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The Missouri River is moving so fast it could fill some local lakes in less than an hour

Seeing how fast the river flow can fill various bodies of water
Posted at 6:11 PM, Jun 27, 2024

With the flooding along the Missouri River, the Missouri River is racing at a very fast rate. This can be seen by just looking at the river as the water rushes past. You might be wondering how much water is flowing through the river. Some of these answers may surprise you, and do not worry, the math/numbers will be sparse in this article.

On average, the Missouri River flows by Omaha at around 37,000 cubic feet per second. What does that mean? Simple conversions show that 1 cubic feet = 7.48 gallons of water. Thus, the Missouri River pushes about 276,779 gallons of water per second, math for "a lot". For context, the average swimming pool holds between 10,000 and 30,000 gallons of water depending on its size.

The number above is for an average day on the Missouri River, how about with this flooding? River gauges show the flow along the Missouri flowing at 143,000 cubic feet, which is over 100,000 more than normal! To convert that to gallons, just over 1 million gallons of water per second flowing along the Missouri River at Omaha!

Now let's experiment. What if somehow we were to use the Missouri River as a hose to fill up various bodies of water? Let's start with a baseline, an Olympic-sized swimming pool. It would take about half a second to fill one up!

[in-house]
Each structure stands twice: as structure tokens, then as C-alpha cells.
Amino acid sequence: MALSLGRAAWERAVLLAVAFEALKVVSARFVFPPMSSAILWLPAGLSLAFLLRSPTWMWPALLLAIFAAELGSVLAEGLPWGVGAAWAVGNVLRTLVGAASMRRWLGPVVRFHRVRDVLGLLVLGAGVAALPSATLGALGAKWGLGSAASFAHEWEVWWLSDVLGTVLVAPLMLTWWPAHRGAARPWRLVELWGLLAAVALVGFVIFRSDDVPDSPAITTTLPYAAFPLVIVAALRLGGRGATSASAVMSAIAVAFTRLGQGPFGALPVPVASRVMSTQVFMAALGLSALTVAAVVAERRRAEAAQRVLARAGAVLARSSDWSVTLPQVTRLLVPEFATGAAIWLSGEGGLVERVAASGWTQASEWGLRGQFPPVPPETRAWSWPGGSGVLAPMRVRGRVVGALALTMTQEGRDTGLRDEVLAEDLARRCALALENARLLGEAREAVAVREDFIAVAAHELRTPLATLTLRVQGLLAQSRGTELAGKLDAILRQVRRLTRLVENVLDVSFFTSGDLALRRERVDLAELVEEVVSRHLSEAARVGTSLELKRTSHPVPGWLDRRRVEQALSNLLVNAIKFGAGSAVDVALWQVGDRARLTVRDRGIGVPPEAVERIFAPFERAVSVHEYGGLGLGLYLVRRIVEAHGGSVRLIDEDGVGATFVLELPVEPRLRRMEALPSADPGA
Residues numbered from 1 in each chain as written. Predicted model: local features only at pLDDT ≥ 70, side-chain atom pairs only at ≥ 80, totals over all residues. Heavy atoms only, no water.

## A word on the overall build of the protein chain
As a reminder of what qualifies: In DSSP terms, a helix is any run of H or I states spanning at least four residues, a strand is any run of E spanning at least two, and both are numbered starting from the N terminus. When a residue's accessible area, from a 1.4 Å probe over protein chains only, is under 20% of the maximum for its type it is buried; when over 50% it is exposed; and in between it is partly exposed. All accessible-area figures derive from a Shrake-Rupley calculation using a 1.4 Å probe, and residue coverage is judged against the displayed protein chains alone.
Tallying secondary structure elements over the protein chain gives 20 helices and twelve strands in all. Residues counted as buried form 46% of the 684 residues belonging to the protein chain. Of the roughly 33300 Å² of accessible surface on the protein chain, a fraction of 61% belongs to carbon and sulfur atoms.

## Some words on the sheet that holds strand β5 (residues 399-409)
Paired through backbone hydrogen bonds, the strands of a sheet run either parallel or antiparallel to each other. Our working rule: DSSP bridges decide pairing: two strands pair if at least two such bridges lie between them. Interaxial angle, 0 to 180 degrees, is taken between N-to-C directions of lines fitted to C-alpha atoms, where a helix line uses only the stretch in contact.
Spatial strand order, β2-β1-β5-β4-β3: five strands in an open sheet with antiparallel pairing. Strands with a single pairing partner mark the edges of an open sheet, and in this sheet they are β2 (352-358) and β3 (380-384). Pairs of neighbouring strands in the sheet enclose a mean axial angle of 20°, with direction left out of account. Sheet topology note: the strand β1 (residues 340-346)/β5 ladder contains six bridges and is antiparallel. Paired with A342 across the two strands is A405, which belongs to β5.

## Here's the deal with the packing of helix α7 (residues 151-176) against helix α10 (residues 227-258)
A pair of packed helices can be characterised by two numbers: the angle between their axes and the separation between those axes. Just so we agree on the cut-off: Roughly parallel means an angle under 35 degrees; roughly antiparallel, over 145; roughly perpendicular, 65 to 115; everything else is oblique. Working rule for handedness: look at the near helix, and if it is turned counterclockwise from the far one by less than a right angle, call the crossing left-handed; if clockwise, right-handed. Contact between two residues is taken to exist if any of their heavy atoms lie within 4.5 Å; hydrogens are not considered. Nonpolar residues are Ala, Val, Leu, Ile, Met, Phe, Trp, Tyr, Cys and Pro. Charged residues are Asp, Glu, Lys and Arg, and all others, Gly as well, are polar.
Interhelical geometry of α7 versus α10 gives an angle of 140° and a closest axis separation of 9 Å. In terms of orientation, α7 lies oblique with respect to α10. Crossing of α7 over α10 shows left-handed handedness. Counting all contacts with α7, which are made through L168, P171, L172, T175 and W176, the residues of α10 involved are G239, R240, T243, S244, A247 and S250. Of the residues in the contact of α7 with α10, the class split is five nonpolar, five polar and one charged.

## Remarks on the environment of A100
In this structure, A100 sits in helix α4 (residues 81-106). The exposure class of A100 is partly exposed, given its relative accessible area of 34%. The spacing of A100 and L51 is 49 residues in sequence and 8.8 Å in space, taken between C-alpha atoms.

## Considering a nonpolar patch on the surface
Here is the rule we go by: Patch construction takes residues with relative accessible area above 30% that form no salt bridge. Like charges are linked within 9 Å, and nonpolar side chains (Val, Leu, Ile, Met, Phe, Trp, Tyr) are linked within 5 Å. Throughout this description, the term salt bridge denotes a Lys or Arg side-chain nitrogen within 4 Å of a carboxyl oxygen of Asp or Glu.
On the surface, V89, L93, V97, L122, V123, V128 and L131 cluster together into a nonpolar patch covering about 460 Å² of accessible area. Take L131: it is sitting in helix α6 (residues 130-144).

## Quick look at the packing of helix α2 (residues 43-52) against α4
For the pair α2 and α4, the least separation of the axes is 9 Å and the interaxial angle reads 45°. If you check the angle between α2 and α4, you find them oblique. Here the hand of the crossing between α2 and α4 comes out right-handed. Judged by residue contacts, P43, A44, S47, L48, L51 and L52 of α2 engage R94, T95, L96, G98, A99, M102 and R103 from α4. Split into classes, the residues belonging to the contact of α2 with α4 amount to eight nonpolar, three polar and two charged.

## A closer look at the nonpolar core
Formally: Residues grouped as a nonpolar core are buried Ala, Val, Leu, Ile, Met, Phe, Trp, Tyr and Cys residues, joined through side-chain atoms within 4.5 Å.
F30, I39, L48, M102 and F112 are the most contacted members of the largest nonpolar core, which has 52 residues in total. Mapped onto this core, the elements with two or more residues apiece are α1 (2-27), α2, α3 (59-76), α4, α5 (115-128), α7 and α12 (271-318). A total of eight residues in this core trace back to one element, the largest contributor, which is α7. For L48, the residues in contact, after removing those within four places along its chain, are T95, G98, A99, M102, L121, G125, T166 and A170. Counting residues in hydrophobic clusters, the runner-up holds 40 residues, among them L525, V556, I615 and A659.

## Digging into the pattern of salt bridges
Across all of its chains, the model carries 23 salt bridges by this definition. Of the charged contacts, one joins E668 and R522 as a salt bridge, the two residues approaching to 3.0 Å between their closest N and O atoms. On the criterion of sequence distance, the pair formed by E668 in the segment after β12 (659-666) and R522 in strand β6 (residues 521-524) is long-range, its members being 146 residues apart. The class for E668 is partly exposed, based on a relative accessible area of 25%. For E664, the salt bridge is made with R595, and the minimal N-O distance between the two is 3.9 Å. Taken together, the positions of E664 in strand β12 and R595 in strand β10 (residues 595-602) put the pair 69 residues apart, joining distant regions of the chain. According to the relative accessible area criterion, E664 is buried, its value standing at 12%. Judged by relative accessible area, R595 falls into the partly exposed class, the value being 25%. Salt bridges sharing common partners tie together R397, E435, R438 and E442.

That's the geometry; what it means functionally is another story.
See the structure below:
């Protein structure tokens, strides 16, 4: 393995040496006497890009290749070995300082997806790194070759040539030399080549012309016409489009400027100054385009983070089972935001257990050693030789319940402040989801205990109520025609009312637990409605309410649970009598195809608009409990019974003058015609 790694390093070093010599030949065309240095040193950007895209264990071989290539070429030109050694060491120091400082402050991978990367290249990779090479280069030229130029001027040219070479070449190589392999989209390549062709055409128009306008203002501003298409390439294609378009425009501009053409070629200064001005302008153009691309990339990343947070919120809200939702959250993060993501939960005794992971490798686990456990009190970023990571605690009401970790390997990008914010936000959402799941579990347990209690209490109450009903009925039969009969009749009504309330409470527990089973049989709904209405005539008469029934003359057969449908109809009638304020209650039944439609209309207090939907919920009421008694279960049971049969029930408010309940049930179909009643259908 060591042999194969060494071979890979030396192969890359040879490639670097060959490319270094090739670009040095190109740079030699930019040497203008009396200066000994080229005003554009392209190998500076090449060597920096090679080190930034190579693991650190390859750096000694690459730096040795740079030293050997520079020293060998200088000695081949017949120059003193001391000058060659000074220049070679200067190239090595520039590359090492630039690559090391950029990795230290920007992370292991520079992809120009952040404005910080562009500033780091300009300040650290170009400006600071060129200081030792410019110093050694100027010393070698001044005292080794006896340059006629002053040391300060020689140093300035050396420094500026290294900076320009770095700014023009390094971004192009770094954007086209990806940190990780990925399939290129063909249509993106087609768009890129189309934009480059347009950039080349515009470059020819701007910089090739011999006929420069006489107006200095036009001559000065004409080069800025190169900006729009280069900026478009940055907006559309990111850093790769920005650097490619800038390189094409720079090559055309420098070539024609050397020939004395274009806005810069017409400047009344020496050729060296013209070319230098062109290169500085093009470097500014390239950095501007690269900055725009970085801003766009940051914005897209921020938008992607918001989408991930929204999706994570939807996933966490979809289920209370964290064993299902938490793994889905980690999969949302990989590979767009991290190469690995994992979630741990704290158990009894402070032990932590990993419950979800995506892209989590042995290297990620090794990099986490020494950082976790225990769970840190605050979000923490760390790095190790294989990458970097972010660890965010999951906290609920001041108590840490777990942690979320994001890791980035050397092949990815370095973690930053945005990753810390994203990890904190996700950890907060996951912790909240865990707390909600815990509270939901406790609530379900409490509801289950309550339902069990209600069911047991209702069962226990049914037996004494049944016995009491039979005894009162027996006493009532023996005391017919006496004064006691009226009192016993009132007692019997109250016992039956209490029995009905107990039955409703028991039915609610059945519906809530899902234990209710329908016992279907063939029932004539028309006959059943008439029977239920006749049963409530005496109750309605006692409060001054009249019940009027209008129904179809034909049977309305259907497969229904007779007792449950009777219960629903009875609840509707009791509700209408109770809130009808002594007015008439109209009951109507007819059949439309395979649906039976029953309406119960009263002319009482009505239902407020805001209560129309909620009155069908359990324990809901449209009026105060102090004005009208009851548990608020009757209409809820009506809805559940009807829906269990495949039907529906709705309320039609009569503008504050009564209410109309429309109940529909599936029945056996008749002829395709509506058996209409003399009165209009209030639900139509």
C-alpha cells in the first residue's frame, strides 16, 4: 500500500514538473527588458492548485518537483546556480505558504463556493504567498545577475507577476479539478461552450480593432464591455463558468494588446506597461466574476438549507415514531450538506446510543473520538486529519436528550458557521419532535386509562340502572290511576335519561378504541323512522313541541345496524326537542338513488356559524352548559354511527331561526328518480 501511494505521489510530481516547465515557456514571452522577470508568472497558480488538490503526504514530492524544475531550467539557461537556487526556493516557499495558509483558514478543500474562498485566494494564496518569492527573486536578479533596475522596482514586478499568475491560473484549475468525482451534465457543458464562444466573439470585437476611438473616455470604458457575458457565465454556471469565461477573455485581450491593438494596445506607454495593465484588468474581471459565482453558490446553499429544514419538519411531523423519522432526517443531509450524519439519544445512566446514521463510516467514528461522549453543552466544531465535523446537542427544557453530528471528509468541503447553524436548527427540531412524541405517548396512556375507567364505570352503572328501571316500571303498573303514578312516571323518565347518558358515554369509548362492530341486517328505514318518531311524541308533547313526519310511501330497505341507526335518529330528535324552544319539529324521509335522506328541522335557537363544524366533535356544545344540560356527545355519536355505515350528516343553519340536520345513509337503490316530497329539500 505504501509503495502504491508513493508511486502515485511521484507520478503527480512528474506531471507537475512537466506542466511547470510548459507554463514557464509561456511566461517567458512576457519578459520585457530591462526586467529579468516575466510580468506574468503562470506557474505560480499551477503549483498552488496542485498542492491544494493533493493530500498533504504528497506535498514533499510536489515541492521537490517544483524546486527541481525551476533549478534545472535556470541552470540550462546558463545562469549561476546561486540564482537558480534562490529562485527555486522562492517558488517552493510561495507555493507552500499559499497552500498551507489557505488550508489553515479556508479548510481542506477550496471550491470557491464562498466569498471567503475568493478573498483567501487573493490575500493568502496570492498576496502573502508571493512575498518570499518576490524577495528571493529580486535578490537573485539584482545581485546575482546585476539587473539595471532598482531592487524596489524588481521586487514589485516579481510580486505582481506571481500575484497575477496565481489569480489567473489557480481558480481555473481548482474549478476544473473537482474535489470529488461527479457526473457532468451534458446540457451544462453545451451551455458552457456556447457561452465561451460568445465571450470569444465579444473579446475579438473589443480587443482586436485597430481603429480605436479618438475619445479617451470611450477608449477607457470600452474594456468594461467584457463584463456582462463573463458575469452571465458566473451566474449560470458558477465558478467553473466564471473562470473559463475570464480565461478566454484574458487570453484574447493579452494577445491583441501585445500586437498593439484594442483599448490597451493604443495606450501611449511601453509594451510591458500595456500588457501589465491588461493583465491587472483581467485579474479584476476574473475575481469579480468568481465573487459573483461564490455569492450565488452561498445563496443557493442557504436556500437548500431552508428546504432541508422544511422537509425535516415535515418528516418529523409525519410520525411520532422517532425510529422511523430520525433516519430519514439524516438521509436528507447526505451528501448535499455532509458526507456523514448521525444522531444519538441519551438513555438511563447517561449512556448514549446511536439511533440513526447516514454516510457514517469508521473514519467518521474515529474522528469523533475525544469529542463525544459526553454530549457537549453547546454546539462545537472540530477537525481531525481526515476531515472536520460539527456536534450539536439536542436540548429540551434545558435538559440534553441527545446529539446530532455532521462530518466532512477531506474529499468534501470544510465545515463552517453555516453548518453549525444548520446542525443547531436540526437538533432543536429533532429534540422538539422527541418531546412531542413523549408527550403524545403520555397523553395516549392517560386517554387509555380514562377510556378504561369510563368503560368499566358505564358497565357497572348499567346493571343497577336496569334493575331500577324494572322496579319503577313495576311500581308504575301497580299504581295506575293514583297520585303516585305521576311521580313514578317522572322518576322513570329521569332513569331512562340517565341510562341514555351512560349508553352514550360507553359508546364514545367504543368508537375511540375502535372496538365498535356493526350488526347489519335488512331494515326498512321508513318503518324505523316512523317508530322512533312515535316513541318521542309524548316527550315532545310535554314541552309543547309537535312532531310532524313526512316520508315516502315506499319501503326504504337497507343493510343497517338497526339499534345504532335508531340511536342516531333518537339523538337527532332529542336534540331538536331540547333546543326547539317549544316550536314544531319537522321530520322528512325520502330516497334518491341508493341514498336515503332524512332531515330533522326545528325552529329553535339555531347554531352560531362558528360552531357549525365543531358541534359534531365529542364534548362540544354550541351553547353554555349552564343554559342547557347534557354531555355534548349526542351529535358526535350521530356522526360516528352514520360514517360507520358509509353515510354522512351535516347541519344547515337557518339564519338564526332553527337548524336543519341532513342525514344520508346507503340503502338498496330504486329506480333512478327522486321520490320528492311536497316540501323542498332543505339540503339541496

Let's get larger. How about some of the lakes in the Omaha metro? To fill Lake Zorinsky to the brim, it would take roughly 15 minutes to do so! For Lake Manawa, about 27 minutes.

What about the city of Omaha itself? To fill the entire city with one foot of water would take about 8 hours to do so! How about the Omaha-Council Bluffs metro area (Douglas, Sarpy, Dodge, Saunders, and Cass Counties in Nebraska; Pottawattamie, Harrison, and Mills Counties in Iowa) with one foot of water? It would take roughly 10 days to fill eight counties with 1 foot of water!

Lake McConaughy, Lake Red Rock, and the Lake of the Ozarks are the largest lakes in Nebraska, Iowa, and Missouri respectively. These lakes are huge, so how long to fill them up? It would take about 5 to 6 days to fill each one up.

Let's get even larger while still staying realistic. Lake Mead in the southwest US can hold trillions of gallons of water. How long would it take to fill the entire reservoir to the brim? With the current flow of the Missouri River, it would take about 3.5 months to fill it.

However you slice it, the current on the Missouri River is FAST! Therefore, you should not get in the water under any circumstances, as you could be swept away by the current very easily.